Circadian clock insights could be key to increased wheat yields
New research carefully measuring the influence and regulation of the circadian clock in wheat could help breeders improve key agricultural traits in one of the world’s most important crops.
The research, published in PLOS Biology, has revealed multiple ways in which the wheat circadian clock maintains balance. As well as providing a potentially invaluable resource for wheat breeders, the work is the first to gauge the role of circadian rhythms across the entire genome of polyploid wheat.
Led by scientists at the Earlham Institute, collaborating with colleagues at the John Innes Centre, the research reveals the remarkable influence exerted by the internal ‘body clock’ on a range of important biological processes.
The circadian clock is a finely balanced time-keeping mechanism that helps to guide organisms through day and night - signalling the rising and setting sun, as well as the changing of seasons. A plant’s health and productivity can all be affected by how accurate the clock is.
Bread wheat is responsible for around 20 per cent of the calories consumed worldwide and is widely grown all over the world. Understanding how the circadian clock works in such an important crop has been the focus of recent research at the Hall group at the Earlham Institute.
In model plant species, the circadian clock controls genes which influence resistance to pests, water-use, cold and heat tolerance, nitrogen efficiency and photosynthetic yields. The researchers wanted to see whether the same was true in wheat.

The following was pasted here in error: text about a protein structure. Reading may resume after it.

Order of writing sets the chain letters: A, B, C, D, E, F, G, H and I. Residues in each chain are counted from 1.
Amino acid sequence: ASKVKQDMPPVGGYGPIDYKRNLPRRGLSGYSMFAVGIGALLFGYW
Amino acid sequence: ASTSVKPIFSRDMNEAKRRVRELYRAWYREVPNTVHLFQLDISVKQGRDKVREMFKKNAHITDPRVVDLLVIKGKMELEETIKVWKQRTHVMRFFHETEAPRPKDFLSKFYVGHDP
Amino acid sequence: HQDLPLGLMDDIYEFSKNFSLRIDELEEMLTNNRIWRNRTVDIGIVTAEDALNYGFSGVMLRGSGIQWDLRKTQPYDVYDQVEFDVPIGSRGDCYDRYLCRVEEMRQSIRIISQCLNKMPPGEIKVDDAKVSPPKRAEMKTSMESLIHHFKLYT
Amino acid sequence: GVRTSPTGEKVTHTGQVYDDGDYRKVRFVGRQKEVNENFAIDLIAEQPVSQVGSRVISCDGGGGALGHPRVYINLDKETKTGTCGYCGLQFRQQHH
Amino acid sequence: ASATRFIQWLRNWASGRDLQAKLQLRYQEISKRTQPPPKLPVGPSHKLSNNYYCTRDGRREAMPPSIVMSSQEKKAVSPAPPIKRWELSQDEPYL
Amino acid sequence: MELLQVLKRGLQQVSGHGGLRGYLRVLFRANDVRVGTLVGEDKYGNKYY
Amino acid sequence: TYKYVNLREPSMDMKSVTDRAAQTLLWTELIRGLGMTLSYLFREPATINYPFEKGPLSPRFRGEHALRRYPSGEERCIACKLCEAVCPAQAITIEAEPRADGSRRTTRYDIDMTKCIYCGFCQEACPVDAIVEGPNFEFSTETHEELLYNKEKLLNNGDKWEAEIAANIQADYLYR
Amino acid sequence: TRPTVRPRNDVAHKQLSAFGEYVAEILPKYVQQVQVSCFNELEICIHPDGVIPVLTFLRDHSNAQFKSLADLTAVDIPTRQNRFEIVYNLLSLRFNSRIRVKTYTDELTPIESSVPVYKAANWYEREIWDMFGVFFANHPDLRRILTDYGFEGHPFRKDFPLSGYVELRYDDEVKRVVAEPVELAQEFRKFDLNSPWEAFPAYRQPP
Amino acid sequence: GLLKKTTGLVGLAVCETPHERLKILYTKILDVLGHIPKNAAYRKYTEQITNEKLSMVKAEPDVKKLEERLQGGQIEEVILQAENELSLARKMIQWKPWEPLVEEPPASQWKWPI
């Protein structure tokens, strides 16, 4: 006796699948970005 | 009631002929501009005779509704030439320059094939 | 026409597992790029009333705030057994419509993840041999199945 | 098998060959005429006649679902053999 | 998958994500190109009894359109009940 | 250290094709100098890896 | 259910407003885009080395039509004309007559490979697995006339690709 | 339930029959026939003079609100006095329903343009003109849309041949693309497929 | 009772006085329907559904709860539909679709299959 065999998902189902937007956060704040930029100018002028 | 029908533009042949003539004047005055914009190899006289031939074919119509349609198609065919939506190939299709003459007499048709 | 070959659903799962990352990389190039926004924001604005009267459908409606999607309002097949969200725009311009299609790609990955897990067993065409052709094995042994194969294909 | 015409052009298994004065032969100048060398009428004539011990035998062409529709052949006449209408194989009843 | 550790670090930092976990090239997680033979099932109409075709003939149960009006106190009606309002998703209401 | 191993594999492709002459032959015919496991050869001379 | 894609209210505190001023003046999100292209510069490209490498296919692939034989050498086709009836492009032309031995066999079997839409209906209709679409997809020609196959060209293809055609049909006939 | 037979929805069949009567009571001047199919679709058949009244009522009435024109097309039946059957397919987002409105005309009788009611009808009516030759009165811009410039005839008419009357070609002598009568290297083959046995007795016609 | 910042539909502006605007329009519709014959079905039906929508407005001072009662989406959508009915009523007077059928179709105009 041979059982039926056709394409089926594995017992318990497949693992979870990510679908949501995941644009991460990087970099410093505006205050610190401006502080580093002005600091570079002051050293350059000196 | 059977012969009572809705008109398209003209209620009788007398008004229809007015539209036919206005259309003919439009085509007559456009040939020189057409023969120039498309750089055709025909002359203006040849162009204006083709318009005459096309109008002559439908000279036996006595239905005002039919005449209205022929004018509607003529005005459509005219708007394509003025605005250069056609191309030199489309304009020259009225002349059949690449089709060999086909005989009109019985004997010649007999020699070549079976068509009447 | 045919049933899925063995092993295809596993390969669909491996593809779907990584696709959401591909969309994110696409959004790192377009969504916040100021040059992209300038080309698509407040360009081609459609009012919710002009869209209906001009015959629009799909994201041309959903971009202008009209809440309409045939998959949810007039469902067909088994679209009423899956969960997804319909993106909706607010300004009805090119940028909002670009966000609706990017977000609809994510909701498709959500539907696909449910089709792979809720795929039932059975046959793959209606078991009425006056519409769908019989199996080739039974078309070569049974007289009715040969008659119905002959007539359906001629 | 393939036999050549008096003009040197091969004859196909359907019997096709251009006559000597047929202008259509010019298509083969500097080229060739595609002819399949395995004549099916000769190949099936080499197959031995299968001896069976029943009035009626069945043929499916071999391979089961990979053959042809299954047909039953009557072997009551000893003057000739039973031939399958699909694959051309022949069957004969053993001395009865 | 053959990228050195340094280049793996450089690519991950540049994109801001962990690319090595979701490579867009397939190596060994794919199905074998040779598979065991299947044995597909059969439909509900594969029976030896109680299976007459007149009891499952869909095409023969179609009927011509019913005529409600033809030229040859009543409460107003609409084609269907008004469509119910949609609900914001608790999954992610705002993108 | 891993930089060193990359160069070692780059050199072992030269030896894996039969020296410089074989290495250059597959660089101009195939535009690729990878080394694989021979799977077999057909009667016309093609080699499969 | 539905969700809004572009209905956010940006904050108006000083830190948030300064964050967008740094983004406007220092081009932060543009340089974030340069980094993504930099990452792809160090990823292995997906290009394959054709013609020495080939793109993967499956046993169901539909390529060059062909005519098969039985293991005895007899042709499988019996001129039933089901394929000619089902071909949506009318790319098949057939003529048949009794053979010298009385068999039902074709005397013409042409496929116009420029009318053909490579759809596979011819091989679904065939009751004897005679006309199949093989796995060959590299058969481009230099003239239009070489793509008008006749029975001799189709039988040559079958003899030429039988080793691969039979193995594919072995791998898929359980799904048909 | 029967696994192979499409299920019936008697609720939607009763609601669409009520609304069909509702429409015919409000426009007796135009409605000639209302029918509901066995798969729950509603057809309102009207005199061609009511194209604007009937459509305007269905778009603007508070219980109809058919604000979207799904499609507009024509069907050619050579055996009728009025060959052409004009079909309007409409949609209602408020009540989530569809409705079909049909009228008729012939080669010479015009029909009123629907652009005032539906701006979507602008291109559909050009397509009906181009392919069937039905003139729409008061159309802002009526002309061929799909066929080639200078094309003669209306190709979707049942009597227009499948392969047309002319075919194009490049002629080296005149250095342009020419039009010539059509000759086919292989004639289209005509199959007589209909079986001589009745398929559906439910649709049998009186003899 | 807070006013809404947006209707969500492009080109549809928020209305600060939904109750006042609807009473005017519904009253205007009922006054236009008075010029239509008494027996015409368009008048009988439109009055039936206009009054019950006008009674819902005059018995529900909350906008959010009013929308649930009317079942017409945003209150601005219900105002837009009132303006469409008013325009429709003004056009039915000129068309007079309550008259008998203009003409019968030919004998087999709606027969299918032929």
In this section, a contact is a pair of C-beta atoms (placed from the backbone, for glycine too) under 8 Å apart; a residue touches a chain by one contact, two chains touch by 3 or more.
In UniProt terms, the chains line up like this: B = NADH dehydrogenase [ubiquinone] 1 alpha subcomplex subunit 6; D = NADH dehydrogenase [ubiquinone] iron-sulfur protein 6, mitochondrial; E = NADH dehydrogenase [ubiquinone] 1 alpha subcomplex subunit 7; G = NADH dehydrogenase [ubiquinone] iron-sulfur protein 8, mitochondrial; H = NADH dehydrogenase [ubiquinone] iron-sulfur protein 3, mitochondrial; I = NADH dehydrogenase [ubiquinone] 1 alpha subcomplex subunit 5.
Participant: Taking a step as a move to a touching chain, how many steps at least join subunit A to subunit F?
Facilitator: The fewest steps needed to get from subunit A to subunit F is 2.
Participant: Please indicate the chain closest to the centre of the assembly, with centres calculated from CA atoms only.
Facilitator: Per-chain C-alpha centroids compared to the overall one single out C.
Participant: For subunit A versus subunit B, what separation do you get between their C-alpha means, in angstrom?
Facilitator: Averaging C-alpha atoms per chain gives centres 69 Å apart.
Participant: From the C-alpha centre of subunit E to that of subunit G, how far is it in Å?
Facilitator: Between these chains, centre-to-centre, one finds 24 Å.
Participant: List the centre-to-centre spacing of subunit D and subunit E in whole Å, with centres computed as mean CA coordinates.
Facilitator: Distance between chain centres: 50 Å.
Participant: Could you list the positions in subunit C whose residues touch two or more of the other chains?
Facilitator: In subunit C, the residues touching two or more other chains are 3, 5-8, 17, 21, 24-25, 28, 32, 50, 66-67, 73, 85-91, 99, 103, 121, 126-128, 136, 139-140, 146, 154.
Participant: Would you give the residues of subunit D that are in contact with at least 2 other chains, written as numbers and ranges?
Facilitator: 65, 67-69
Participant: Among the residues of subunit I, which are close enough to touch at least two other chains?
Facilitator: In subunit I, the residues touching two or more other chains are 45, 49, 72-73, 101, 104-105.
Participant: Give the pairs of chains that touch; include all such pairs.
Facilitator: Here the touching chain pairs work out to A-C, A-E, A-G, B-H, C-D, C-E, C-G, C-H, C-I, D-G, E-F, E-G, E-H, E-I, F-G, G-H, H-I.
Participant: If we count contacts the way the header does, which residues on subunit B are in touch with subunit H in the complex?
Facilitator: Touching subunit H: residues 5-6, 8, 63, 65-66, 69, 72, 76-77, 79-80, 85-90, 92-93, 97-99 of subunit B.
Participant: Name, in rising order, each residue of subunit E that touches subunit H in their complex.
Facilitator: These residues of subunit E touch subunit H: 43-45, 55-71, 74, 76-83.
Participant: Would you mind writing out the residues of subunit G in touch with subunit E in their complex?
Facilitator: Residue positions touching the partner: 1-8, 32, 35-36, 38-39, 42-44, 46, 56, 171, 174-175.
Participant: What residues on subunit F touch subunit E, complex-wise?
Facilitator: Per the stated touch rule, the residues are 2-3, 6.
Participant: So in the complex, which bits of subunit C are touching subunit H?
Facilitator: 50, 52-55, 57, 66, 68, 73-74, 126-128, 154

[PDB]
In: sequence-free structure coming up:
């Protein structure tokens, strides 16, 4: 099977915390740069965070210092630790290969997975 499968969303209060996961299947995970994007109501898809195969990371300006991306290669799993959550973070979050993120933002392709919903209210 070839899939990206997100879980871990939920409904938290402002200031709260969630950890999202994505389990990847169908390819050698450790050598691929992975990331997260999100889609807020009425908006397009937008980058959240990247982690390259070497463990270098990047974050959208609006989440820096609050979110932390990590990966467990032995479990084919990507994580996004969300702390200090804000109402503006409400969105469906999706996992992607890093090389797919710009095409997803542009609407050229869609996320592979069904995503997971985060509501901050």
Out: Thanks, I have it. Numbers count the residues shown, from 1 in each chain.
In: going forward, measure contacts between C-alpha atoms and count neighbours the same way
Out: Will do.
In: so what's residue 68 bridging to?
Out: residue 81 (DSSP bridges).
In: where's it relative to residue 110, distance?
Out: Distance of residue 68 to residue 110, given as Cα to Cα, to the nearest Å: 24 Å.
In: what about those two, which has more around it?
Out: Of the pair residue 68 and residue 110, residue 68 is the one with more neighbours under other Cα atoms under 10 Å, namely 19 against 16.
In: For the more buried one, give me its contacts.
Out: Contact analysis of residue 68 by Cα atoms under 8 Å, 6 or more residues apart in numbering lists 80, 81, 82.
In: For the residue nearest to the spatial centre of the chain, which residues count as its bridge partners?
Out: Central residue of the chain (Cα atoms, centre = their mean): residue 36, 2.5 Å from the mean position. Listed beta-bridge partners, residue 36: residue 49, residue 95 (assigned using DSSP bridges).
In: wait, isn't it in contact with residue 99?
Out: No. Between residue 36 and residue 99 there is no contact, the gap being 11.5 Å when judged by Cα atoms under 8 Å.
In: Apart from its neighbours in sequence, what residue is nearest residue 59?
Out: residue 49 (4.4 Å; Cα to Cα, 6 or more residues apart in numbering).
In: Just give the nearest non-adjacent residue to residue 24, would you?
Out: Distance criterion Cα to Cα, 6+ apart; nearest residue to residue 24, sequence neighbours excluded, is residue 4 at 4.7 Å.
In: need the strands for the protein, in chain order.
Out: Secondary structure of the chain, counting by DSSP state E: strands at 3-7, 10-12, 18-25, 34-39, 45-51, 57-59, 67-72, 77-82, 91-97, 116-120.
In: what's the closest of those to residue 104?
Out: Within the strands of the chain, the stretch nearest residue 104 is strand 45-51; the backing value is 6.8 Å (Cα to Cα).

“Understanding how the circadian clock works in wheat is tricky due to its unusual genetic history,” explained Dr Hannah Rees, lead author of the study. “The wheat we grow today is the result of three wheat species merging into one.
“We say it’s polyploid, which means there are multiple genomes coexisting in the same plant. This means there are essentially three versions of the same gene, each of which may have evolved in its own unique way.”
Each of the species that merged to form modern wheat could have had unique body clocks, exerting differing levels of control over gene regulation. Equally, when you have three versions of the same gene, over time, one version can evolve new functions and develop new patterns of expression.
“We wanted to understand what happens to the clock when there are multiple versions of the same gene present,” said Dr Rees.
The researchers generated a high-resolution dataset to investigate the circadian balance between sets of three homoeologous genes - known as triads - from hexaploid bread wheat. Gene expression was mapped out at regular intervals and under different light conditions to mimic the rising and setting sun.
Around 30 per cent of the genes in wheat were found to be regulated in some way by circadian rhythms. “You’ve got almost a 1 in 3 chance of your gene of interest being linked to circadian rhythms, which is a significant level of coercion.
“This includes genes responsible for regulating photosynthesis, starch metabolism, heat and cold resistance, and even marshalling biological defences to attack from plant pests. These are all critical functions for plant growth, which means breeders finally have access to information that might help explain why some crops exceed expectations while others disappoint.”
When it came to understanding the interplay between competing genes, the researchers found a wide spread of activity.
“The surprising thing is that the picture is messier than we’d expected,” explained Dr Rees. “We thought it might be a simple case that all three genes had similar circadian patterns of expression and shared responsibility for gene function. And we do see some sets of genes which do this but, in reality, there’s a real variety in patterns of circadian balance.